India's Bihar state begins to shed its 'badlands' image
As voting comes to an end in long drawn-out, multi-phase elections in Bihar on Saturday, it seems the Indian state is beginning to shed its reputation for lawlessness, caste violence and banditry.
While voters determine who will inhabit the 243-member provincial assembly, these issues - including the muscle and money power of the candidates - have been subordinated.
The main question now is how the state government can function more effectively and provide better governance.
It is such a change from the last time I visited Bihar five years ago, again in the thick of electioneering.
Then, Bihar began where the rule of law ended. The only industry which thrived in the badlands of the state was crime.
Kidnapping, carjacking and extortion were rampant, and Bihar's fertile soil had turned into killing fields with bloody caste wars erupting with destructive regularity.
With most criminal activity being traced back to the state's powerful elite, the morale of the bureaucracy, particularly the police, was low and not many dared to venture out after sunset - even in the capital city, Patna.
Words like governance and development had gone out of the local lexicon.
There were stretches of road between pot holes and it was rare to have a government school which had students, teachers and a building. Usually at least one of these three would be missing.
Bihar was not always like that.
It once represented the best and the brightest of India, offering a rare mix of the sublime, the spiritual and the earthly.
It was here that Buddha was said to have attained enlightenment.
Nalanda university, now in ruins, was once the most sought-after seat of learning.
And the mighty empires which sprang up here in ancient times earned India the sobriquet of the Golden Bird.
Not everything good about Bihar was ancient.
Bihar was in the forefront of India's freedom struggle and Mahatma Gandhi launched some of his early campaigns against British colonial rule from the state.
It also led the way in opposing the imposition of a state of emergency by the then-Prime Minister Indira Gandhi which resulted in the first defeat of the Congress party in national elections in 1977.
On issues like social justice and affirmative action, Bihar has been a trailblazer in post-independent India.
Bihar began to slip about 20 years ago. Not long ago The Economist described it as a place which "everybody avoided visiting, and dreaded becoming".
'On the move'
According to Professor Arun Kumar Sinha of Patna University, Bihar's freefall has been halted over the last five years.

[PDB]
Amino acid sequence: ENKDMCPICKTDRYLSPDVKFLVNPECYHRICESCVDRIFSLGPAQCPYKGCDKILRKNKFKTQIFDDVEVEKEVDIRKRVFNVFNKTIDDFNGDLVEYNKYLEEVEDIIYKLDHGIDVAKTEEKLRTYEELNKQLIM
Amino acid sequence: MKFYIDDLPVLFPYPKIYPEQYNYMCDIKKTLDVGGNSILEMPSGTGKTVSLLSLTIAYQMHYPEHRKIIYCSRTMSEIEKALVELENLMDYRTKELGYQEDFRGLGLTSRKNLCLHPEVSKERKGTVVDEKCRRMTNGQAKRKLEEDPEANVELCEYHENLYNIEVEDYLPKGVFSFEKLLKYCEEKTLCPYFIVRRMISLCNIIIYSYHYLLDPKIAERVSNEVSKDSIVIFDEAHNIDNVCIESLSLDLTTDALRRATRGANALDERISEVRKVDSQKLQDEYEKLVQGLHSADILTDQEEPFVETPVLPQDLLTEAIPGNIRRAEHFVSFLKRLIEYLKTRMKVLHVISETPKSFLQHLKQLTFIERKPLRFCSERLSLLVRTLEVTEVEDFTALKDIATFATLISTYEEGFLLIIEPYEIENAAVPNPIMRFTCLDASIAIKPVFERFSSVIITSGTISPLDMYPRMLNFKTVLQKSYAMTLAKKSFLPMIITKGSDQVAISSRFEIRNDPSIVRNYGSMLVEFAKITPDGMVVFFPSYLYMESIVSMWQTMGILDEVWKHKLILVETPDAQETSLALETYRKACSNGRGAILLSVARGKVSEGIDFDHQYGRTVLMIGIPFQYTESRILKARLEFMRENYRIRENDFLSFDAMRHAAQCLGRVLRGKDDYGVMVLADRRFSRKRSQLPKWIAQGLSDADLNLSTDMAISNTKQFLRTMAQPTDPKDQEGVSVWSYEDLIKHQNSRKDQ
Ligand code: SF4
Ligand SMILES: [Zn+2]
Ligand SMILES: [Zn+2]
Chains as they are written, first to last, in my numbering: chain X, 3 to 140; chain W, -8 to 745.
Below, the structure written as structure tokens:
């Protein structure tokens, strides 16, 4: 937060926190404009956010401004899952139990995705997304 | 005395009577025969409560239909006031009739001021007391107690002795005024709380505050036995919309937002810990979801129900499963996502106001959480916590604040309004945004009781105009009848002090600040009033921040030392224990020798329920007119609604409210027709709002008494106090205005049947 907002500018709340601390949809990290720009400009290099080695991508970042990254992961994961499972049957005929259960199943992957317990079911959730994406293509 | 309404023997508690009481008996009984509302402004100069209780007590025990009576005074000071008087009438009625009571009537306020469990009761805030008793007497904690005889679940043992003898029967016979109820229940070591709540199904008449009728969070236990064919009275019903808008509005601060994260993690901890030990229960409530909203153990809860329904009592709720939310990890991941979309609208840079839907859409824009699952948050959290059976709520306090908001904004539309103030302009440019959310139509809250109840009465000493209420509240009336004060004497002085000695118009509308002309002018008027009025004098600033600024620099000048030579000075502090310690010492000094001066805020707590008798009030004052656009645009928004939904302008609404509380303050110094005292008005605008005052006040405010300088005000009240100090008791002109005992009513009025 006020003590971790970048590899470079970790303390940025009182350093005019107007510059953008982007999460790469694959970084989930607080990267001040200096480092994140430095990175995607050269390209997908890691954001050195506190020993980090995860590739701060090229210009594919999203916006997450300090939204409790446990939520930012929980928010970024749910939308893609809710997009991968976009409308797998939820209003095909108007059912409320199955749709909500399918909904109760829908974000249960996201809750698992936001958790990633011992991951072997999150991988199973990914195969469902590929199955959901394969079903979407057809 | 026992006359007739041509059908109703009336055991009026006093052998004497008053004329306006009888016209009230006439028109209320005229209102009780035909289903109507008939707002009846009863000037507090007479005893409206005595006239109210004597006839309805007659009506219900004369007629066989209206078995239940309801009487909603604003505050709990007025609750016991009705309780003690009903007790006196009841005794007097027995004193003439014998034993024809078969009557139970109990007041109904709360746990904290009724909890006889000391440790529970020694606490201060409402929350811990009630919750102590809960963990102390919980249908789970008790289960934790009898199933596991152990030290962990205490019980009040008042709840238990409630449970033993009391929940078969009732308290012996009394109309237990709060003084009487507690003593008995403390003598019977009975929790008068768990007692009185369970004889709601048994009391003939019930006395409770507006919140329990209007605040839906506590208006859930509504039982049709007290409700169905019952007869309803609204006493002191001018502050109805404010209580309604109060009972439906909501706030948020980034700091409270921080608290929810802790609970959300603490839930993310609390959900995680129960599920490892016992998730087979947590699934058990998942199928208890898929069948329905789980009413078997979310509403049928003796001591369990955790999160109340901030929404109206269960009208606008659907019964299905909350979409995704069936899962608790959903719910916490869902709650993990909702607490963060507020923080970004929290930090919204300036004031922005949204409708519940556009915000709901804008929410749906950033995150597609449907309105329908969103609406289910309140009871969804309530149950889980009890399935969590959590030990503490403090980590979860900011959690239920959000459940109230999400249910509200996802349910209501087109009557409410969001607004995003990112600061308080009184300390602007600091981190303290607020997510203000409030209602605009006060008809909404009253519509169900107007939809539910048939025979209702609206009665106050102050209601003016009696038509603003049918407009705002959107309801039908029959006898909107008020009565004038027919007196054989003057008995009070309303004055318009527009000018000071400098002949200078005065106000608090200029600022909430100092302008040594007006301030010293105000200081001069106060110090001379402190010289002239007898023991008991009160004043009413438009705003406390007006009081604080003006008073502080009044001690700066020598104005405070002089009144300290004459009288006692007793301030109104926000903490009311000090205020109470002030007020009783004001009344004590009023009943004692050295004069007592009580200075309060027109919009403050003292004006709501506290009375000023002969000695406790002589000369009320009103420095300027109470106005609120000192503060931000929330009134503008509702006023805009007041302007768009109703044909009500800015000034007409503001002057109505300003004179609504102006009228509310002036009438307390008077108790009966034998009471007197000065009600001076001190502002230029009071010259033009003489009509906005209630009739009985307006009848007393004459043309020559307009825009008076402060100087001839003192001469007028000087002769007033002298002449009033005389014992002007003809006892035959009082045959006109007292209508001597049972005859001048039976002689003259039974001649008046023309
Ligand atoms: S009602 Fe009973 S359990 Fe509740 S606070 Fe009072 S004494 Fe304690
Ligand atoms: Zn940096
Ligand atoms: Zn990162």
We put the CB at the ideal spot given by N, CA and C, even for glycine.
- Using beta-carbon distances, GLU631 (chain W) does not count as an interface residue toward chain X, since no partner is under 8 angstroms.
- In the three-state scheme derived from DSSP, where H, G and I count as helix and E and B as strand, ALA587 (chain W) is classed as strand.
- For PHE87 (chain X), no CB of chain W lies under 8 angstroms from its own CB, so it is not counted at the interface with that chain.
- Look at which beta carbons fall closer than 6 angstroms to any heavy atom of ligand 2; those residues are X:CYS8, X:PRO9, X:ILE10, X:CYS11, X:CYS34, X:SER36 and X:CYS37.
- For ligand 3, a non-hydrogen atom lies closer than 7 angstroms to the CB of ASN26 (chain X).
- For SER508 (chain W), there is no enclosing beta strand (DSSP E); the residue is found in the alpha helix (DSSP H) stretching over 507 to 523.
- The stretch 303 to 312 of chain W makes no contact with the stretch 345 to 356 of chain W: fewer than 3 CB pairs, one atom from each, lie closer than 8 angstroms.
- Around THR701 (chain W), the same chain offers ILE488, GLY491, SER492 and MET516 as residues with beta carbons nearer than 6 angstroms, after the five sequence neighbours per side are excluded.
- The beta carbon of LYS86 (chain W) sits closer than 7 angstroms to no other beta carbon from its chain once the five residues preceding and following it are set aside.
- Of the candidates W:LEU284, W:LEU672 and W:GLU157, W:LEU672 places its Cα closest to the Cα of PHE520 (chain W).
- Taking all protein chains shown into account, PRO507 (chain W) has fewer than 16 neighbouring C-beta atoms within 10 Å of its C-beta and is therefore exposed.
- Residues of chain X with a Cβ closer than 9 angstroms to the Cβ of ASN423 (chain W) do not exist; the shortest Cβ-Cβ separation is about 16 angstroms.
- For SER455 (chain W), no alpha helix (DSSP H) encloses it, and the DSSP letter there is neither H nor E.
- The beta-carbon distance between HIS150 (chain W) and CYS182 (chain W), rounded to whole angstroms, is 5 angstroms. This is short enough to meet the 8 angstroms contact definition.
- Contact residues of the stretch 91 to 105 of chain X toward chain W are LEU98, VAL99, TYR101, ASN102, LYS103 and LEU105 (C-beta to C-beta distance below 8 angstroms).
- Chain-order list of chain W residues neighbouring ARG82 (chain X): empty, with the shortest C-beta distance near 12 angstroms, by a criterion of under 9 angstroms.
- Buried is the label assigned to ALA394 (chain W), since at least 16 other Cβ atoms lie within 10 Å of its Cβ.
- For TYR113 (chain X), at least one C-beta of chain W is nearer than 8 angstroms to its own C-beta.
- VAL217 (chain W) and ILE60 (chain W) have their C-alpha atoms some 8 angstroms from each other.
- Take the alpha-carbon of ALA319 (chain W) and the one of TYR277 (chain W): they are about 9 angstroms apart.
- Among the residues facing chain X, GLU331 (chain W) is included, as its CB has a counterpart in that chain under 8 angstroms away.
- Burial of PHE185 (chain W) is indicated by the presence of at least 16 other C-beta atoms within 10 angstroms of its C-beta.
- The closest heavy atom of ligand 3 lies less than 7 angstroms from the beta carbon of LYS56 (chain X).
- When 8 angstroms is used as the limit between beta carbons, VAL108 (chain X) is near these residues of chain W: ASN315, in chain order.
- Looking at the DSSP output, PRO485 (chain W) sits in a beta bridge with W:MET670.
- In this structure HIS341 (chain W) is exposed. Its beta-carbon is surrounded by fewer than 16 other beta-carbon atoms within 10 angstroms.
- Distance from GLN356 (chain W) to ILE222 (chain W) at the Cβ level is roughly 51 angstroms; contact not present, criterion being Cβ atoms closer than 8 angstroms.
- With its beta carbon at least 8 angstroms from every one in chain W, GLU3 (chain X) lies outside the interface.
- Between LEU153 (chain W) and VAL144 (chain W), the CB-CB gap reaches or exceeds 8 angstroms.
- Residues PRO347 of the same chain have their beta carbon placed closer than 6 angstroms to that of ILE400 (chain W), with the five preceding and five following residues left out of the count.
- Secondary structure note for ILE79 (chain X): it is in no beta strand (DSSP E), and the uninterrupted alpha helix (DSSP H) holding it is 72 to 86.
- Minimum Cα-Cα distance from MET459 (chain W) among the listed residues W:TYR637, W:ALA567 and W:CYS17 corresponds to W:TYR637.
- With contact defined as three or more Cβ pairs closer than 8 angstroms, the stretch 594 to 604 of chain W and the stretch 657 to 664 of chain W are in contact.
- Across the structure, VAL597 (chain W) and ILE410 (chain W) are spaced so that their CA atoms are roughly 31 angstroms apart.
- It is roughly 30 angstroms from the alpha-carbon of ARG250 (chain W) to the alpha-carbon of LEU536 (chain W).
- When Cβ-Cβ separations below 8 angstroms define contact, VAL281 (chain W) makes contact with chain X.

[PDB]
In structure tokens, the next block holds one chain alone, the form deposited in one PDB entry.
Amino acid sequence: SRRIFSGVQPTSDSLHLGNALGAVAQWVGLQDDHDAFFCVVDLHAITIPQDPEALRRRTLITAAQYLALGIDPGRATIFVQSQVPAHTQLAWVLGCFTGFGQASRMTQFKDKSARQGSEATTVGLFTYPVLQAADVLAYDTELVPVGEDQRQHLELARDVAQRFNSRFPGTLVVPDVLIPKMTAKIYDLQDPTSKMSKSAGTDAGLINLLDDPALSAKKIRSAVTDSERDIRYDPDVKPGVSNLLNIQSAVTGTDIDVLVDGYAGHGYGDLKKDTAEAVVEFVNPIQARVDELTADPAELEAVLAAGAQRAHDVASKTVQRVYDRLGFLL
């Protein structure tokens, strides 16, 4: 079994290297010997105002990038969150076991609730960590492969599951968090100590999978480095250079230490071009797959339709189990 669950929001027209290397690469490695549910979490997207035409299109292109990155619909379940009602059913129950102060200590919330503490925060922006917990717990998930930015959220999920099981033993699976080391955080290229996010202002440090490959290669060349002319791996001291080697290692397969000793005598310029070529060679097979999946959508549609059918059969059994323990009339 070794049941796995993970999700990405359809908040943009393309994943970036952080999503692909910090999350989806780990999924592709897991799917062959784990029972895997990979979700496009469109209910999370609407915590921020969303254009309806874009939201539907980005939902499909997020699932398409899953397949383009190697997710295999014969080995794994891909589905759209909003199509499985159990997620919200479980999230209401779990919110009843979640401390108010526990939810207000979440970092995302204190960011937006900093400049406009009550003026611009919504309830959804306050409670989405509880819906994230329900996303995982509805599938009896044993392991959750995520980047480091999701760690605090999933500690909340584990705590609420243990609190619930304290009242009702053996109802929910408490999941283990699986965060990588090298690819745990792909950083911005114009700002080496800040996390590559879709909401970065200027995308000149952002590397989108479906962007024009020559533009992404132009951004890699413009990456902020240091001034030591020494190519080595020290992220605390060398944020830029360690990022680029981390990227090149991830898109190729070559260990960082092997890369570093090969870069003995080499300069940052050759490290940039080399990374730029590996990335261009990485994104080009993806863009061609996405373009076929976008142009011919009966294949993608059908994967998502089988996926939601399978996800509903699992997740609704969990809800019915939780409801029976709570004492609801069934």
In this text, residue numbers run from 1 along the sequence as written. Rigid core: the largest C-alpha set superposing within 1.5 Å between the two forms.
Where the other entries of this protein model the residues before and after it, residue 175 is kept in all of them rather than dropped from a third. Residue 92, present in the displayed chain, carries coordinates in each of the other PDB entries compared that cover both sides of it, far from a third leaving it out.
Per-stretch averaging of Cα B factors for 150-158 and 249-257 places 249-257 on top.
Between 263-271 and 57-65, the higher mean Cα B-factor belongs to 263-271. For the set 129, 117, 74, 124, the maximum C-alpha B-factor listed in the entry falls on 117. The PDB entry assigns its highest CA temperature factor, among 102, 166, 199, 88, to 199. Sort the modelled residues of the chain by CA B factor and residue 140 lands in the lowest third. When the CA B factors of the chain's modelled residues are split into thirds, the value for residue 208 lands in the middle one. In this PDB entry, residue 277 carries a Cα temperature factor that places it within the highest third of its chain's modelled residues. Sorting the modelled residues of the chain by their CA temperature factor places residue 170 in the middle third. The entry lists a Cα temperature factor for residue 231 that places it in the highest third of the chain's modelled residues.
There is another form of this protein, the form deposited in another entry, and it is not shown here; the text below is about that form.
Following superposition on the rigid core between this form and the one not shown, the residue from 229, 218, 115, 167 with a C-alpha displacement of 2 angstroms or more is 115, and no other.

"The rule of law has been restored. People feel safe and the development which has taken place is for all to see."
Swaminathan Aiyar, one of India's best known commentators on economic affairs, concurs.
"Bihar is on the move," he says.
"It still has a lot of catching up to do with other more advanced states like Maharashtra and Gujarat - in attracting industry and investments - but Bihar is moving in the right direction."
In a record of sorts, Bihar has clocked a double-digit growth rate every year over the past five years.
Property prices all across urban Bihar have rocketed and pristine new shopping malls and highrise apartment blocks are springing up - not just in Patna but also in some of the tier-two towns of the state.
But the biggest game-changer is the condition of the roads.
They may not have become as smooth as the cheeks of a famous Bollywood queen of yesteryear - as former Chief Minister Laloo Prasad Yadav famously promised.
But there is nevertheless a considerable improvement. Five years ago a 250km (155-mile) journey took 12 hours.
Now, a comparable journey - from Patna to Bhagalpur - took us less than seven hours.
It is this story of change and development which Chief Minister Nitish Kumar is trying to sell as he addresses more than half-a-dozen election meetings every day.
He talks about how he has succeeded in ensuring that more girls enrol in schools.
"I have given free bicycles to more than 400,000 girls as an incentive for going to school. I will more than double this number if elected again," he pledges.
As the crowds cheer him on, he adds: "Bring me back and there will be a bicycle for every boy as well."
He then talks about the need to produce more power in Bihar if the state wants to attract more industry.
It is a measure of Nitish Kumar's success that his political opponents are being forced to speak the language of development in their election meetings.
So his principal adversary, Laloo Prasad Yadav, talks about the train coach factory he sanctioned during his tenure as the federal railways minister, which has given jobs to 50,000 people.
Even Rahul Gandhi, the Congress party's star campaigner, has been forced to challenge the Nitish Kumar development story in public meetings.
"If Bihar is indeed doing so well why would millions be going out of the state looking for work?"
The opposition has a point.
Nobody can argue that Bihar has fully turned the corner despite the improvements.
But what is heartening is that all those competing for public office are now debating governance, development and bread-and-butter issues rather than focusing on emotive sloganeering and caste considerations.